I love you, I love you, I love you
What’s your name?
I love you, I love you, I love you
What’s your name?
Chorus of “Drunken Butterfly” by Sonic Youth.
Do you blog? I’m guessing you do. I read a study showing that ninety-two percent of blog readers are also blog writers.* As a blog writer, do you go back and read your old posts?
A couple of weeks ago, the library where I work held a “signature event.” This is a play on words. Not only is it our principal fundraiser of the year, but the purpose of the event is a meet and greet and book signing with a nationally known author. Our author was Jamie Ford. Have you heard of him? I hadn’t but that doesn’t surprise me. He doesn’t write sci-fi.
He’s the real deal. He’s a New York Times best-selling author. He’s constantly winning awards. He’s frequently invited to publish stories in anthologies. And most importantly, he makes a living as a writer. And as a speaker. It isn’t cheap to invite a best-selling author to your event. Besides making small talk and signing books, Jamie read his work and spoke to the audience for twenty minutes or so. The dude is like a stand-up comedian. He had the crowd splitting their sides the entire time he spoke.
I loved him, even though I wasn’t so crazy about his most recent book. His language is flowing and flowery as opposed to the concise, choppy language I typically read. Plus, in the one chapter I read before I bailed on his book, he didn’t once mention the multiverse or the time-travel paradox. We’re just not a good match.
During the program, hilarious, engaging, informative, he said only one thing I didn’t agree with. Someone asked him about revisiting his old novels to see if there are parts he wants to change. His response: “Writers don’t read their own work. It just doesn’t happen. Once it’s published,” he said, “it’s done.” I thought about challenging this statement during the cocktail reception afterwards, but I no longer drink, and I’d need to be drunk to start that conversation.
Maybe I’m unusual, maybe narcissistic, self-absorbed. Maybe I’m simply odd. I read my old blog posts all the time. My blog is sort of a diary. Not a “Tuesday I went to the corner store” diary, but a pretty accurate chronicle of what’s important in my life at any given moment. I like to look back and see where I was mentally and emotionally at various stages over the past five years. Plus, I like my writing. I’m rarely disappointed. Even when I remember a post as being mediocre, when I read it, I’m always pleasantly surprised.
After I read my own blog posts, I read the comments. Old comments, by my old followers. I’ve got an awesome set of readers right now. There are six or seven people who regularly comment on my posts. I read their blogs too, and by what they write on their blogs, I get to know the parts of their lives they want to present to the world. But through their comments, I fill in the missing pieces. I get to know the whole person. Good, bad, beautiful, ugly. All the sides necessary to see if you want to build a friendship.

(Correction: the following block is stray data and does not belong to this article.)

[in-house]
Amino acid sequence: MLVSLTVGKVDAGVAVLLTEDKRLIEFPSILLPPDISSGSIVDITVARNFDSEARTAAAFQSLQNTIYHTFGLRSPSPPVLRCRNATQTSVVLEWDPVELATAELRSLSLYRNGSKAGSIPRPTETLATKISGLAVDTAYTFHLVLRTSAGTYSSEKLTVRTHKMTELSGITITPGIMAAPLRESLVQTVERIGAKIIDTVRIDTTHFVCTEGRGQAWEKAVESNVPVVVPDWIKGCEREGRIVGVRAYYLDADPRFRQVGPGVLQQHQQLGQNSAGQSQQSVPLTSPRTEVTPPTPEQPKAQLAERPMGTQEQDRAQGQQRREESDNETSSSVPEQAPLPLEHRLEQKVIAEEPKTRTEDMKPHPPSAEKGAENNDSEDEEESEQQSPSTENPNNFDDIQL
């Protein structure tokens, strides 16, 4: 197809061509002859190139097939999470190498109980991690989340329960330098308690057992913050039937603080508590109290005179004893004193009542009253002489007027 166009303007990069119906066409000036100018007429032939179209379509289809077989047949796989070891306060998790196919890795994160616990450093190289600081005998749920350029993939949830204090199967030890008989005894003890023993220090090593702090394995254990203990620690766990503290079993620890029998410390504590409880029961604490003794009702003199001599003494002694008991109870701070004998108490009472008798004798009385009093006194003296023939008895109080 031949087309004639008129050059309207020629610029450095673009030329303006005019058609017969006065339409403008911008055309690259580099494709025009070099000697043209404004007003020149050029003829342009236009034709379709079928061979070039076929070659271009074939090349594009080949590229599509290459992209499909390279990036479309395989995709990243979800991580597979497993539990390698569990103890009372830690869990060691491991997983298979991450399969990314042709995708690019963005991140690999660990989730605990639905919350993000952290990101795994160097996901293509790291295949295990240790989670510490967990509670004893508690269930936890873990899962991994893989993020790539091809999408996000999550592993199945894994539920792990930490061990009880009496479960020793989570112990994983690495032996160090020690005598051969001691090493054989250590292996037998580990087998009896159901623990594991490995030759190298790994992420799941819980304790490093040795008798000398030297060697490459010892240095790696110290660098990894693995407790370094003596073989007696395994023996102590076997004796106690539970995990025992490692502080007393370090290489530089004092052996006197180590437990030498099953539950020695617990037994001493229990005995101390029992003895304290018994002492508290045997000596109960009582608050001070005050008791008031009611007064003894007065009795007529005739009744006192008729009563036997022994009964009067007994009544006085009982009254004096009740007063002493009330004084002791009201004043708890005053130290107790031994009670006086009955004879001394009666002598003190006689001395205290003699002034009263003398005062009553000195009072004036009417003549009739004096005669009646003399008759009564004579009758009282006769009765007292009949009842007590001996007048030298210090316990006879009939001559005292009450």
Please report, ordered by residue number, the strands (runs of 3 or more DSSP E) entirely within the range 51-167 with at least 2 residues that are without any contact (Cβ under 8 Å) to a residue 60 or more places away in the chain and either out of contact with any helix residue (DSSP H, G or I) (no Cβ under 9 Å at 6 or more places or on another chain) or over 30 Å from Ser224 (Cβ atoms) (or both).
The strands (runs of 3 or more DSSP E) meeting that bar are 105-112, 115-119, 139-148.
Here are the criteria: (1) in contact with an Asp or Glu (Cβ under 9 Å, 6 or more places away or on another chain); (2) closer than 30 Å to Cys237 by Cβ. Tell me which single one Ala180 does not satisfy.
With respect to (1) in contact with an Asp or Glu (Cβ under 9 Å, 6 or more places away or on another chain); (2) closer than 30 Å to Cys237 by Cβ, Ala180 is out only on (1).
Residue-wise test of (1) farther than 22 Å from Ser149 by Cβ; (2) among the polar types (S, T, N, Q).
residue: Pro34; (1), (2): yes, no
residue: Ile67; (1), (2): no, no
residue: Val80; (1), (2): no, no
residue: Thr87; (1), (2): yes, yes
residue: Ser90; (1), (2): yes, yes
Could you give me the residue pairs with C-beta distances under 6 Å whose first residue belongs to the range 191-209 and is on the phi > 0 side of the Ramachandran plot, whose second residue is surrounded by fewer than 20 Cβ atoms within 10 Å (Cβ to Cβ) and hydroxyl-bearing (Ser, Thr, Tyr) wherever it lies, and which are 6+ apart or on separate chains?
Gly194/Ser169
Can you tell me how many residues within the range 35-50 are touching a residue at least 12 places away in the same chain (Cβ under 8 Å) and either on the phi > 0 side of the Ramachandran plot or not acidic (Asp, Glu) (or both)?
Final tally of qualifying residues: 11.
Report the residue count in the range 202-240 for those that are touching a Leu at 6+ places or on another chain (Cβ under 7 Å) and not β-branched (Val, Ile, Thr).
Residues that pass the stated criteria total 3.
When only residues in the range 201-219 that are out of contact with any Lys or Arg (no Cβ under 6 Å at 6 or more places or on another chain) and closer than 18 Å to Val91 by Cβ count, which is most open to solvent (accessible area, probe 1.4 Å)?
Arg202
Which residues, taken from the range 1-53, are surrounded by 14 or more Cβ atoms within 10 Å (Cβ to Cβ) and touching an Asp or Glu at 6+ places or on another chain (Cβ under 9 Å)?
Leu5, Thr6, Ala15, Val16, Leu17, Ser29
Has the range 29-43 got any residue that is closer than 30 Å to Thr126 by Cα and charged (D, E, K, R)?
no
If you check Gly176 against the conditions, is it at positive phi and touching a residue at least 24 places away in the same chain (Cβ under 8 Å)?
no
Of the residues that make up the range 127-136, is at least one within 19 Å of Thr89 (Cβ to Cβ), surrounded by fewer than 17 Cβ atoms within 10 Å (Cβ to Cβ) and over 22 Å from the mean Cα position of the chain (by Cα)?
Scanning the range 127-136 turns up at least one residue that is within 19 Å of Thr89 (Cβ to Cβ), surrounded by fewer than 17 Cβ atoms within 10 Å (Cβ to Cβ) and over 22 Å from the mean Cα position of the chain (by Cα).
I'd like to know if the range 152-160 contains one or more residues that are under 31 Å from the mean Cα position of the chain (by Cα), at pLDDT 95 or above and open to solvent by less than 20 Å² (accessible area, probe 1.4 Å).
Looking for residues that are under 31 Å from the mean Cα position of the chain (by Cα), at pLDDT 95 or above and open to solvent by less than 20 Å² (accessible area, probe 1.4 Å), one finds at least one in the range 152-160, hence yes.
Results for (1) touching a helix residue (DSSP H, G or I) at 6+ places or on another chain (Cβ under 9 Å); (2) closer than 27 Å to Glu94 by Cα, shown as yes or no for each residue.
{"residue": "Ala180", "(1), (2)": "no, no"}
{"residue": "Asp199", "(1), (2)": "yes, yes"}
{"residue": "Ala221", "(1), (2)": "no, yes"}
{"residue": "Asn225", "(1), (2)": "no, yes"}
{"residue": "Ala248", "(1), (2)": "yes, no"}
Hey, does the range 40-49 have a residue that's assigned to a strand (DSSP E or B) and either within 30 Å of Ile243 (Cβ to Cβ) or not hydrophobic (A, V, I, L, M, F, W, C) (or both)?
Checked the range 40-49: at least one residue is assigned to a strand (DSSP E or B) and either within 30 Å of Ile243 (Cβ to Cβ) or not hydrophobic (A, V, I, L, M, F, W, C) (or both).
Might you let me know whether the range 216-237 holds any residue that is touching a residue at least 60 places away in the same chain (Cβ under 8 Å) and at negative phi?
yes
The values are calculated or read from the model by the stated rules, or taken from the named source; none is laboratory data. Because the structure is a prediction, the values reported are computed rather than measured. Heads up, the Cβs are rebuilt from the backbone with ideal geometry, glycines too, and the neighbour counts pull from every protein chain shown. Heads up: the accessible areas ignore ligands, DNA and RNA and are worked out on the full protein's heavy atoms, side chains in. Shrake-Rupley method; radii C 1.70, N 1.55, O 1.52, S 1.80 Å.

Today, I was replying to comments on my most recent post. At the bottom of each post I write, WordPress makes suggestions for three of my posts with similar themes. Today I followed one of those links to a two-and-a-half-year-old post. I enjoyed the story I told, and then I read the comments. Some of those commenters are still with me after all this time; that’s a loyal friend. Some of the commenters I don’t remember at all. People who popped by to read a post or two and never returned. And two of the comments were written by women I used to feel extremely close to. People I cared about as people. I followed their lives, their successes and failures. And then I lost track.
Like friendships in real life, priorities change. They each stopped posting, and in time they stopped reading, too. At first, I noticed, and that left me feeling bummed, Later I popped by their blog to see if I was missing something, maybe somehow I had fallen off their list of followers. Eventually I mostly forgot about them… until I stumbled upon them today. Seeing their comments today filled me with warmth and then disappointment. A memory of something good until it wasn’t.
I understand I really don’t know these bloggers. I don’t know them any more than, say, I know my coworkers. I’m getting to look at just a slice of the entire person. But aren’t almost all friendships like that? At least the ones forged as adults? We get together in a certain context, and that’s the way we know the person: playing racquetball together, going for coffee, a book club, a community organization meeting, etc. It’s a thin connection, and then someone tells you he’s a triplet. You realize what you don’t know.
In my typical negative fashion, I realized that half of the bloggers I’m friends with right now will disappear over the next two years. They’ll stop blogging, or I’ll stop blogging, or they’ll find offense at some rant I throw into the clouds and simply stop following me. But you can rest assured, I’ll return to this post year after year, and when I read my comments, I’ll remember our friendship at its peak.
* Yes, I made this statistic up. It’s based on my not so careful observations of the people who read my blog.
Outtake: Jamie and me. Different writing styles, different reading styles. Jamie and I just won’t be able to hang out. Disappointing, I had a bit of a man-crush on him.